The Queens Building

 This imposing looking building which dominates Five Ways, Horseley Field, was at one time an important part of Wolverhampton's railway system. it is one of the few old station buildings still standing in the West Midlands, though it is no longer used. built in 1849 as part of the Queen Street Station complex, (later to be known as High Level Station), it was used initially, as a ticket office and administrative block (in the rooms above), for the London North Western Railway Company. The L.N.W.R. as it was more widely known had been founded in 1847, when the Grand Junction Company amalgamated with the London and Birmingham Company.

The Birmingham Wolverhampton and Dudley Company controlled by the Great Western Company, reached Wolverhampton via their Swan Village and Bilston line in 1854. This meant that the town was firmly established as a major railway link and by 1855 it had become the Northern Headquarters of the L.N.W.R. responsible for all standard gauge stock and locomotives. This relationship between Wolverhampton and the L.N.W.R. allowed the town to compete on almost equal terms with the more famous 'railway' town of Swindon.

At the front of the building are two carriageway entrances with two pedestrian entrances at either side, providing evidence that it also acted as part of the High Level Station approach road via Queen Street.

In the early 1880's the widening of Lichfield Street and the remodelling of the Queen Street approach made the building redundant as a ticket office and it was used as a storeroom, though its administrative links were retained. Information regarding its function over the next sixty years is scarce, but its administrative links for the L.N.W.R. were probably retained until 1923, when the 1921 Railway Act came into force and amalgamated the various companies. The L.N.W.R. was merged with the London Midland and Scottish company but the Great Western Company retained its separate identity. It is by no means certain how long the building remained as a storeroom after 1923, but by 1948 when the railways were nationalized, it was being used as an Area Goods Administrative Office. It was closed in 1961, although its function as an office had been reduced gradually from 1958. The building was allowed to deteriorate until 1978, when the West Midlands County Council decided to preserve it. They set aside 10,000 pounds to do this, half of which was immediately spent on boarding up the vandalized windows and preserving the roof. It has been classed as a Grade II Listed Building, but at the present time its future is in some doubt as proposals have been put to the Planning committee to demolish it.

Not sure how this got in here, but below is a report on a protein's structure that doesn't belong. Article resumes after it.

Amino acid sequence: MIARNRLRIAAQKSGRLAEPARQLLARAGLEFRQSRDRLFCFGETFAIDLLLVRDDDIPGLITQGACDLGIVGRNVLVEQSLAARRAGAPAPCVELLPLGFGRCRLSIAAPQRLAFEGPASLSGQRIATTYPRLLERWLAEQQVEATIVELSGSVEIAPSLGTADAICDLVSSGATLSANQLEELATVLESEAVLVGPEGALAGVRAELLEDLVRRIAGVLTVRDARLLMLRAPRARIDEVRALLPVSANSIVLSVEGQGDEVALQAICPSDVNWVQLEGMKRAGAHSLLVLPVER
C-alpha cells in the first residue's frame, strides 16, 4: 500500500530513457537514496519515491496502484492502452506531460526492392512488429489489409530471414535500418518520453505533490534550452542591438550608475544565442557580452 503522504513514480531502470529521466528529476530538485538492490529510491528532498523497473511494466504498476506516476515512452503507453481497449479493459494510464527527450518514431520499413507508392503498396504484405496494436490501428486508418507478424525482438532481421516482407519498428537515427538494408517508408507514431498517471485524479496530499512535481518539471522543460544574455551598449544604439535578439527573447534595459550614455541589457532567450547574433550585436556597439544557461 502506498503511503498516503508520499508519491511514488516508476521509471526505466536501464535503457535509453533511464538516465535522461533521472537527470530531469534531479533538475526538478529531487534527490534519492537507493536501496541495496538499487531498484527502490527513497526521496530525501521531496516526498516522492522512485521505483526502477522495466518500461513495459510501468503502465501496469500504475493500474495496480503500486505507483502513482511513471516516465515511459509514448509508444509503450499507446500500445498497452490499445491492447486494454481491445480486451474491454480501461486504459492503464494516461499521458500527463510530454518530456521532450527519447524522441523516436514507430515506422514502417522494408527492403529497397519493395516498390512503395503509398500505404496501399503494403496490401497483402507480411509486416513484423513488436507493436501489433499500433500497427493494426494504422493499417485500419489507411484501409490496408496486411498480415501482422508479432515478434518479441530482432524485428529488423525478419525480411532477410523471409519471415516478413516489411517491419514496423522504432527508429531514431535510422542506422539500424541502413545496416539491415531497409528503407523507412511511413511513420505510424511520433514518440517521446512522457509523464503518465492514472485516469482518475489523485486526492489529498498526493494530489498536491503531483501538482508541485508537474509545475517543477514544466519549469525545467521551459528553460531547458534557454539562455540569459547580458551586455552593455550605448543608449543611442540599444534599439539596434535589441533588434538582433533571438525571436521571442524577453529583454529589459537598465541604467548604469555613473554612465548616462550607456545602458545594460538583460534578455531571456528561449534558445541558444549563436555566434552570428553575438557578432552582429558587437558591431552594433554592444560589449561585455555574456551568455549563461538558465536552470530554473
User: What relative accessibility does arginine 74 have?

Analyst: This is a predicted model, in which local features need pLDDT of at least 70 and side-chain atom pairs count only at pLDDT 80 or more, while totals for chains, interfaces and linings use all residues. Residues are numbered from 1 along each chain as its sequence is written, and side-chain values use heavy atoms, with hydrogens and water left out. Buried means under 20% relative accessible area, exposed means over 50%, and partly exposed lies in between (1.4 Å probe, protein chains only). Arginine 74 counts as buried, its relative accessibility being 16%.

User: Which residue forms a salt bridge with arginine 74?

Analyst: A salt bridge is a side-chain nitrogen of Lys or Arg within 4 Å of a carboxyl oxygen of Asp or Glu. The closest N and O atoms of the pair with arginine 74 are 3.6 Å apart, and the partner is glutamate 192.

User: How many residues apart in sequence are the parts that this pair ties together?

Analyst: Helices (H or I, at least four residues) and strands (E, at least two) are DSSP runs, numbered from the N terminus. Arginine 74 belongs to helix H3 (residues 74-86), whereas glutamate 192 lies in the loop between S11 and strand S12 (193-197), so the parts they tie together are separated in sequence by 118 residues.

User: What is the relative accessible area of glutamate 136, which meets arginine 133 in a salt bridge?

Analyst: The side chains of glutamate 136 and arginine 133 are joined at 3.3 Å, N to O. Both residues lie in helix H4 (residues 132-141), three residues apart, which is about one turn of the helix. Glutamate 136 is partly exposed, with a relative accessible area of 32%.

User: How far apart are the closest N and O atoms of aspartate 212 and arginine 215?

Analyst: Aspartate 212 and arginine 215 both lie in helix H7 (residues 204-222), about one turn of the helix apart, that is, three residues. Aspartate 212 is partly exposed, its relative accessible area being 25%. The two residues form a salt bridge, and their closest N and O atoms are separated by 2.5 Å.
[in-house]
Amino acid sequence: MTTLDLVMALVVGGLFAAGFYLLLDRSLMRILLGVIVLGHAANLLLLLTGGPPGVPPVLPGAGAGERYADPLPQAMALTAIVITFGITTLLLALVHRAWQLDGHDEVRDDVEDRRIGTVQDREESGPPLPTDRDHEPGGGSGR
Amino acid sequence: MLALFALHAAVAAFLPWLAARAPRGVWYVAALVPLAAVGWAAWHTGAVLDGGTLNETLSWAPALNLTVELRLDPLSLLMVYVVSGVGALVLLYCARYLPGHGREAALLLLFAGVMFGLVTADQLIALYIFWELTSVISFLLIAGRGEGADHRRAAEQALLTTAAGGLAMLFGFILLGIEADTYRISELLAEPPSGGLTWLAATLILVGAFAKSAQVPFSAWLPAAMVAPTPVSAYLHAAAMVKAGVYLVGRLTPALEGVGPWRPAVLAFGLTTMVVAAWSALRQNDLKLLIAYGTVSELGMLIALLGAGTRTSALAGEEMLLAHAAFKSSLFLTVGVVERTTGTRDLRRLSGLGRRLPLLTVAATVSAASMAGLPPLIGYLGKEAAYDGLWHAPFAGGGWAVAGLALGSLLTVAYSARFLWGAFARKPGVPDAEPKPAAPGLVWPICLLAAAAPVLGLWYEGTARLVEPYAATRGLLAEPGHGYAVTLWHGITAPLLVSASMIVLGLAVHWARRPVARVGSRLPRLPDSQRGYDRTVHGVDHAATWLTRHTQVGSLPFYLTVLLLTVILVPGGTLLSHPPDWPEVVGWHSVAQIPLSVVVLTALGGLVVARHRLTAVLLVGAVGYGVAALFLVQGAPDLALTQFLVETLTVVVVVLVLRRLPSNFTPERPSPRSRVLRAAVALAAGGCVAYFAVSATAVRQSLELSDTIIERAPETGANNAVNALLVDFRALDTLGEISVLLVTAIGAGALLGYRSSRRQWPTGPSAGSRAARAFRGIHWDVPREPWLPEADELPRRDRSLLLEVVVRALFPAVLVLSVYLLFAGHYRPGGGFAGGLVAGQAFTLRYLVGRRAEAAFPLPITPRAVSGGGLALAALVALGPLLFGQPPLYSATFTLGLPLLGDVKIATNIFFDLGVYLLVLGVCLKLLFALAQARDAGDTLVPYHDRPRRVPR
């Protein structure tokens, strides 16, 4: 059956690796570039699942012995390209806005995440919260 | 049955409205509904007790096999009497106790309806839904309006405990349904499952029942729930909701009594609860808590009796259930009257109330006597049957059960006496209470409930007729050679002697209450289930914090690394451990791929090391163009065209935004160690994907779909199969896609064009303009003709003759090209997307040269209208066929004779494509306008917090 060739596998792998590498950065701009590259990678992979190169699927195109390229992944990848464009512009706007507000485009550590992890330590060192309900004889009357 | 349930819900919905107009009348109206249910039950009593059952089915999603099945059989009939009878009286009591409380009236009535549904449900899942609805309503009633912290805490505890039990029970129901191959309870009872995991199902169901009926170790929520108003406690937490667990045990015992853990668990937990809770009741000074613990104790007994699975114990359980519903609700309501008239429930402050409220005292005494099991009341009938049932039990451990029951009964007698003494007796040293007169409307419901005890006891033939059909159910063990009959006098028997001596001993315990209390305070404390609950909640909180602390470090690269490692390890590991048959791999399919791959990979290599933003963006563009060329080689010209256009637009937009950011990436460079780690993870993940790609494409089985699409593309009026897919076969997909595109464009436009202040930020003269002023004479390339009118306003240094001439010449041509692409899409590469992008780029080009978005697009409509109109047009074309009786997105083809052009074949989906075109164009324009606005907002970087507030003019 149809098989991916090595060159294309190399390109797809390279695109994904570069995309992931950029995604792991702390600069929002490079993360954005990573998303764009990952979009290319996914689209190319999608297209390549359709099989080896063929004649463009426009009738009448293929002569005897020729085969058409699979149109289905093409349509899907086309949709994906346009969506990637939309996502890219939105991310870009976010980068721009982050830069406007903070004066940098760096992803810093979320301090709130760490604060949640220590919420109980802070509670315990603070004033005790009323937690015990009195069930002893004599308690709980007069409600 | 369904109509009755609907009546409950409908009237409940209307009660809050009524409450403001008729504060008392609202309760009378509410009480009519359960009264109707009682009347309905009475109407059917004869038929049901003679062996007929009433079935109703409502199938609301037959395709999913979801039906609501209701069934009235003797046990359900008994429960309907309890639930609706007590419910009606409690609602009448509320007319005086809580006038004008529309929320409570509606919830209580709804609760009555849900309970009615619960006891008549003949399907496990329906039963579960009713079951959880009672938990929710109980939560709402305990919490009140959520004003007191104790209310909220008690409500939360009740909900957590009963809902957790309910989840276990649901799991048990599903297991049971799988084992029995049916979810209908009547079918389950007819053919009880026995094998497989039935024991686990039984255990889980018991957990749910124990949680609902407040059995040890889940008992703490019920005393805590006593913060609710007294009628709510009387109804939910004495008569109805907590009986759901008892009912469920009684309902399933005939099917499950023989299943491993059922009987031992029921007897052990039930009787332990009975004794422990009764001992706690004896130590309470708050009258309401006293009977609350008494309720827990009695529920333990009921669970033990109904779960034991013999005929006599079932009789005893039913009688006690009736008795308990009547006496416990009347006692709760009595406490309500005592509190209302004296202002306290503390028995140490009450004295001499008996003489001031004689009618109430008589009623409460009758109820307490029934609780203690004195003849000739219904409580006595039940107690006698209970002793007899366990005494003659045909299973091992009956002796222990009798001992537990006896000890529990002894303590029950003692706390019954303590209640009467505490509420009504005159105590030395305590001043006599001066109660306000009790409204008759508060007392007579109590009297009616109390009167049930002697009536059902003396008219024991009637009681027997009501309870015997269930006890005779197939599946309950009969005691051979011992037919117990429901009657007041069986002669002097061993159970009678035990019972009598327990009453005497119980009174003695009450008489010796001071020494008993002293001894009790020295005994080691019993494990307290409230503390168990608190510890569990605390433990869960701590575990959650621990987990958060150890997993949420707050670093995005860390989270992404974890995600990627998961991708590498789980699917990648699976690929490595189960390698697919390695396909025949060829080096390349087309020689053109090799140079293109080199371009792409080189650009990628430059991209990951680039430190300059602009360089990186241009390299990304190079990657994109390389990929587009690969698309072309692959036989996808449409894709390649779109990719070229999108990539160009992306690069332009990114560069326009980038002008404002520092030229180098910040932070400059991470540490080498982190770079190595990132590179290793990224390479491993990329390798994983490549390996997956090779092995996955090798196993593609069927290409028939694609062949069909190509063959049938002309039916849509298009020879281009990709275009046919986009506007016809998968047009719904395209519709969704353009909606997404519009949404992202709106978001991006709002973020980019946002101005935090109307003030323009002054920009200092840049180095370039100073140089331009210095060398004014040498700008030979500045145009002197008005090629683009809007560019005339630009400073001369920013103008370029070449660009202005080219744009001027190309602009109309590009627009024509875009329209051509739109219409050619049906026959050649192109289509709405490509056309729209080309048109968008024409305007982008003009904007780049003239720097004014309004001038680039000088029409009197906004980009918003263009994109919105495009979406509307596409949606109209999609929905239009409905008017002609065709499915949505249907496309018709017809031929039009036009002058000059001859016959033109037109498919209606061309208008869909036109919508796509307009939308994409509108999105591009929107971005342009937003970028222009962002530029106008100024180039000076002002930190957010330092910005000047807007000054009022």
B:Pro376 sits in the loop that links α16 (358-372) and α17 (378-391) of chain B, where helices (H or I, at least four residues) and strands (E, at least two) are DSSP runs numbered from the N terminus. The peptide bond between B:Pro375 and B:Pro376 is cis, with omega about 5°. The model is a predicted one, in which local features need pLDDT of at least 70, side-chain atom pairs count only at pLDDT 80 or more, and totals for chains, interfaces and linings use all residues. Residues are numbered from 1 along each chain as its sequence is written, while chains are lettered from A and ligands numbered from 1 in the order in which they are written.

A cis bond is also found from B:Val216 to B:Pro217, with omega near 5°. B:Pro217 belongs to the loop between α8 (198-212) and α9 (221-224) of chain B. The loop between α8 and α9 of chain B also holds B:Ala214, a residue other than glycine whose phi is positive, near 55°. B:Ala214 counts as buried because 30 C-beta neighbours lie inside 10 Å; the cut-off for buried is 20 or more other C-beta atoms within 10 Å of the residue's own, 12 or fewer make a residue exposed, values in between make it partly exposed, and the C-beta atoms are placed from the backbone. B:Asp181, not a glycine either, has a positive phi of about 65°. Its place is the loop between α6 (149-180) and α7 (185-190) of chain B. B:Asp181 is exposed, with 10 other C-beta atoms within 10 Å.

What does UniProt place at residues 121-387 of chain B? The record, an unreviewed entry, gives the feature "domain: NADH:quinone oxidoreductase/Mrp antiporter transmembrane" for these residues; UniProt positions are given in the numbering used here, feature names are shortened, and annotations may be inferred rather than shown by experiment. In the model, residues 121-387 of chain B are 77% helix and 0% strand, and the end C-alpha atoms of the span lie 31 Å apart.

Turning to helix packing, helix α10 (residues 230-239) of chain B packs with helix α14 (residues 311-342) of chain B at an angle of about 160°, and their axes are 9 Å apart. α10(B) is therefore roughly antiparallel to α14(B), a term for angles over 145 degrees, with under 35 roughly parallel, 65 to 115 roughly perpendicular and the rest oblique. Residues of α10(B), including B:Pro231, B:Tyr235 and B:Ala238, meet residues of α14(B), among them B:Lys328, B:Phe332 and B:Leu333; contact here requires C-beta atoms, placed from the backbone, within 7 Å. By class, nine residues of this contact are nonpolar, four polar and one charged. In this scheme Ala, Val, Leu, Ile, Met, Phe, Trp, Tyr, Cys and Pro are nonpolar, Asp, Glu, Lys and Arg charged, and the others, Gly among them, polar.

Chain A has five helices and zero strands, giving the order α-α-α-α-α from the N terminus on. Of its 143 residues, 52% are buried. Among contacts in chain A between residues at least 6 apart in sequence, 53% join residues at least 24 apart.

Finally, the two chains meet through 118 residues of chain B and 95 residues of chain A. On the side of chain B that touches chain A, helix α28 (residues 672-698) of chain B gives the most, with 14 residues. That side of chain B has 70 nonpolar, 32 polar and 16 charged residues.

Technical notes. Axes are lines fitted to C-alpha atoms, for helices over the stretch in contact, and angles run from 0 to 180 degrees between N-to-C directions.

Originally called the Queen's Building, it was designed by Edward Banks and was constructed in the Italianate style. It has yellow brick and sandstone columns and has two storeys topped by two square turrets, both of which used to have clocks. The first floor central windows are moulded in with stone architraves, which consist of semi-circular heads and key blocks.

At one time, wrought iron gates were connected to the carriageway and pedestrian column-supported arches. The gates were considered to be fine examples of wrought iron craftsmanship and showed a pattern of what appeared to be a Tudor rose inside a circle, surrounded by small scroll work. There have been suggestions that these components and the main cross-pieces are made from sections of light gauge rail but it is more likely that they were specially made to resemble the profile of rails. Also, the pattern's heavier parts are believed to have been modelled on the reversible rail used by the early railways. As the building was no longer used and the entrances boarded up, the gates were removed for safekeeping and were believed to be in the possession of the B.T.C. Curator of Historical Relics. However, at the British Transport Historical Records Office (now disbanded), there is no record of the gates being in their possession now and for the present their whereabouts remain a mystery.

The building has recently been refurbished and houses a cafe for use by customers of Wolverhampton's bus station.

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